US8329607B2 - Layered diesel oxidation catalyst composites - Google Patents

Layered diesel oxidation catalyst composites Download PDF

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US8329607B2
US8329607B2 US12/687,597 US68759710A US8329607B2 US 8329607 B2 US8329607 B2 US 8329607B2 US 68759710 A US68759710 A US 68759710A US 8329607 B2 US8329607 B2 US 8329607B2
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palladium
alumina
range
zeolite
component
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M. Shahjahan Kazi
Michel Deeba
Torsten Neubauer
Alfred Helmut Punke
Torsten Wolfgang Mueller-Stach
Gerd Grubert
Stanley A. Roth
Jeffrey Barmont Hoke
Shlang Sung
Yuejin Li
Xinyi Wei
Chung-Zong Wan
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BASF Catalysts LLC
BASF Corp
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    • BPERFORMING OPERATIONS; TRANSPORTING
    • B01PHYSICAL OR CHEMICAL PROCESSES OR APPARATUS IN GENERAL
    • B01DSEPARATION
    • B01D53/00Separation of gases or vapours; Recovering vapours of volatile solvents from gases; Chemical or biological purification of waste gases, e.g. engine exhaust gases, smoke, fumes, flue gases, aerosols
    • B01D53/34Chemical or biological purification of waste gases
    • B01D53/92Chemical or biological purification of waste gases of engine exhaust gases
    • B01D53/94Chemical or biological purification of waste gases of engine exhaust gases by catalytic processes
    • B01D53/944Simultaneously removing carbon monoxide, hydrocarbons or carbon making use of oxidation catalysts
    • BPERFORMING OPERATIONS; TRANSPORTING
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    • B01J23/40Catalysts comprising metals or metal oxides or hydroxides, not provided for in group B01J21/00 of noble metals of the platinum group metals
    • B01J23/44Palladium
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    • B01J29/06Crystalline aluminosilicate zeolites; Isomorphous compounds thereof
    • B01J29/40Crystalline aluminosilicate zeolites; Isomorphous compounds thereof of the pentasil type, e.g. types ZSM-5, ZSM-8 or ZSM-11, as exemplified by patent documents US3702886, GB1334243 and US3709979, respectively
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    • B01J29/06Crystalline aluminosilicate zeolites; Isomorphous compounds thereof
    • B01J29/40Crystalline aluminosilicate zeolites; Isomorphous compounds thereof of the pentasil type, e.g. types ZSM-5, ZSM-8 or ZSM-11, as exemplified by patent documents US3702886, GB1334243 and US3709979, respectively
    • B01J29/42Crystalline aluminosilicate zeolites; Isomorphous compounds thereof of the pentasil type, e.g. types ZSM-5, ZSM-8 or ZSM-11, as exemplified by patent documents US3702886, GB1334243 and US3709979, respectively containing iron group metals, noble metals or copper
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    • B01J37/02Impregnation, coating or precipitation
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    • B01J37/02Impregnation, coating or precipitation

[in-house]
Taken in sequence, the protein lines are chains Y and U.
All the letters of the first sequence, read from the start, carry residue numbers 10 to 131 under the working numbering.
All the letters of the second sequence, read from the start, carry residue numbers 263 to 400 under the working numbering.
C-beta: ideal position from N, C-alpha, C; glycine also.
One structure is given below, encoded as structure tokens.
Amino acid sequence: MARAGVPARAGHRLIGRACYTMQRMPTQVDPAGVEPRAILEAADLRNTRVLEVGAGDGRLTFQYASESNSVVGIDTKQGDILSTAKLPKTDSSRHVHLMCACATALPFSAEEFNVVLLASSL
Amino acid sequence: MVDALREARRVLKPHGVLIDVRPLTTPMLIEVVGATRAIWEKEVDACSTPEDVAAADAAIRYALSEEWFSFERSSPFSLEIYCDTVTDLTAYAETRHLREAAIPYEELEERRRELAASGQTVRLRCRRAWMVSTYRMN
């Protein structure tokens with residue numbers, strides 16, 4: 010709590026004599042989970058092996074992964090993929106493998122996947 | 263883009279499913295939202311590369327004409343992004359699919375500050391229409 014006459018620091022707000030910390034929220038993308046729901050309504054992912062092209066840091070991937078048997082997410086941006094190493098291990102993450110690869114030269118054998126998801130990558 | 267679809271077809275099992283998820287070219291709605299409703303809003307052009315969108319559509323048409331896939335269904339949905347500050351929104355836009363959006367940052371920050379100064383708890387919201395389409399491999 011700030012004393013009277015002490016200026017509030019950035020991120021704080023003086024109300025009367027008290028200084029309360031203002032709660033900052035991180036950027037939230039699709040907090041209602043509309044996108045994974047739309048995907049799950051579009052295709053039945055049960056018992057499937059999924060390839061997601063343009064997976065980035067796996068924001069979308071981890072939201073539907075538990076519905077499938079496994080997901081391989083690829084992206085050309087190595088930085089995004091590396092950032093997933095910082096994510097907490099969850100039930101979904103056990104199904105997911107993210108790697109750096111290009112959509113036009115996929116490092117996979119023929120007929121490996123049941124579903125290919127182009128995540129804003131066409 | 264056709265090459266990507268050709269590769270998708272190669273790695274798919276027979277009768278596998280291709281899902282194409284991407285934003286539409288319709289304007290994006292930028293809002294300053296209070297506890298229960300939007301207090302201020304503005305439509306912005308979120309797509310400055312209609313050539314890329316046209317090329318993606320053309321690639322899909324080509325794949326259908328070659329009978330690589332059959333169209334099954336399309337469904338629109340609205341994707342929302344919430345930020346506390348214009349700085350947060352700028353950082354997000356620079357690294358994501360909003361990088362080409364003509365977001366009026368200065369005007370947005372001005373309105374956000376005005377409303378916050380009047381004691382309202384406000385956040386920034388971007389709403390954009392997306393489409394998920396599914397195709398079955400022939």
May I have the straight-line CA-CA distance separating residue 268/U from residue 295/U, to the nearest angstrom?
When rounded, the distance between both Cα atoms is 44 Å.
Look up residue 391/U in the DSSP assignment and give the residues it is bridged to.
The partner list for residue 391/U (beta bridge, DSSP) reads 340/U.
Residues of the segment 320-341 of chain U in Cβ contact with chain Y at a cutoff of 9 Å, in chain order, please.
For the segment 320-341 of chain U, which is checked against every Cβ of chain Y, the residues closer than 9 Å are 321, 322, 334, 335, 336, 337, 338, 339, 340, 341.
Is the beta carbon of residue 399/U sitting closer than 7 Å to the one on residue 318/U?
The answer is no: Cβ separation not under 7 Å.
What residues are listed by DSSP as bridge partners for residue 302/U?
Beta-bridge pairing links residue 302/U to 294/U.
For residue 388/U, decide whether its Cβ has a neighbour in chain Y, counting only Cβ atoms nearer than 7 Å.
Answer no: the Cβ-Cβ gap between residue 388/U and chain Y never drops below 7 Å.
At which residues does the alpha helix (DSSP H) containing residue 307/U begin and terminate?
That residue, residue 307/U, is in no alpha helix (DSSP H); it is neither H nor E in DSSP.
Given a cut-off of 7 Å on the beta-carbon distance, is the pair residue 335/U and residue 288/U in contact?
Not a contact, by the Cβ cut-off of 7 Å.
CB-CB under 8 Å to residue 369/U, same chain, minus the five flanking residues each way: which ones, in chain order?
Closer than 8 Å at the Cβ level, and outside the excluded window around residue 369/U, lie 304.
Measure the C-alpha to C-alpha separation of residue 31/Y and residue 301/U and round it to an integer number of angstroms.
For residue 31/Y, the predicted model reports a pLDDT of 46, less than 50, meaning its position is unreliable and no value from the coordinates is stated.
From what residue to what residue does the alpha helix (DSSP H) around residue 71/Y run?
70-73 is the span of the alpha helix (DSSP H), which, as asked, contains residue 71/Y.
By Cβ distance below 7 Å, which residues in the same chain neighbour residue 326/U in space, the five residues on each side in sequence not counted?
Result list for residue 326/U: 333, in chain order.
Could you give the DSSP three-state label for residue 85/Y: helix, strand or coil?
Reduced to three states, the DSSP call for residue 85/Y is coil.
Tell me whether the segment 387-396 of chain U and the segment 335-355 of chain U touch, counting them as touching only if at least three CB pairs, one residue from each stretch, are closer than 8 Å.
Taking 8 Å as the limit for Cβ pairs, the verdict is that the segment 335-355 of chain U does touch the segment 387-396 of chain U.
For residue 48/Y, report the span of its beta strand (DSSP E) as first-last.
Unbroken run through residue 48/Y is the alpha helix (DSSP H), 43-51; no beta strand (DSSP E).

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    • BPERFORMING OPERATIONS; TRANSPORTING
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    • B01J37/0246Coatings comprising a zeolite
    • BPERFORMING OPERATIONS; TRANSPORTING
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Abstract

Provided are diesel exhaust components where palladium is segregated from a molecular sieve, specifically a zeolite, in a catalytic material. In the catalytic material, therefore, there are at least two layers: a palladium-containing layer that is substantially free of a molecular sieve and a hydrocarbon trap layer that comprises at least one molecular sieve and is substantially free of palladium. The palladium is provided on a high surface area, porous refractory metal oxide support. The catalytic material can further comprise a platinum component, where a minor amount of the platinum component is in the hydrocarbon trap layer, and a majority amount of the platinum component is in the palladium-containing layer. Systems and methods of using the same are also provided.

Description

CROSS REFERENCE TO RELATED APPLICATIONS

This application claims the benefit of priority under 35 U.S.C. §119(e) to U.S. Provisional Application Ser. No. 61/145,412, filed Jan. 16, 2009, which is incorporated herein by reference.

TECHNICAL FIELD

This pertains generally to layered catalysts used to treat gaseous steams containing hydrocarbons, carbon monoxide, and oxides of nitrogen. More specifically, this invention is directed to diesel oxidation catalyst composites having multiple layers, for example, two or more layers of material, one layer that contains palladium and one layer that contains a hydrocarbon trapping material such as a zeolite. The catalytic material can further comprise a platinum component, where a minor amount of the platinum component is in the hydrocarbon trap layer, and a majority amount of the platinum component is in the palladium-containing layer.

BACKGROUND

Operation of lean burn engines, e.g., diesel engines and lean burn gasoline engines, provide the user with excellent fuel economy, and have very low emissions of gas phase hydrocarbons and carbon monoxide due to their operation at high air/fuel ratios under fuel lean conditions. Emissions of diesel engines include particulate matter (PM), nitrogen oxides (NOx), unburned hydrocarbons (HC) and carbon monoxide (CO). NOx is a term used to describe various chemical species of nitrogen oxides, including nitrogen monoxide (NO) and nitrogen dioxide (NO2), among others.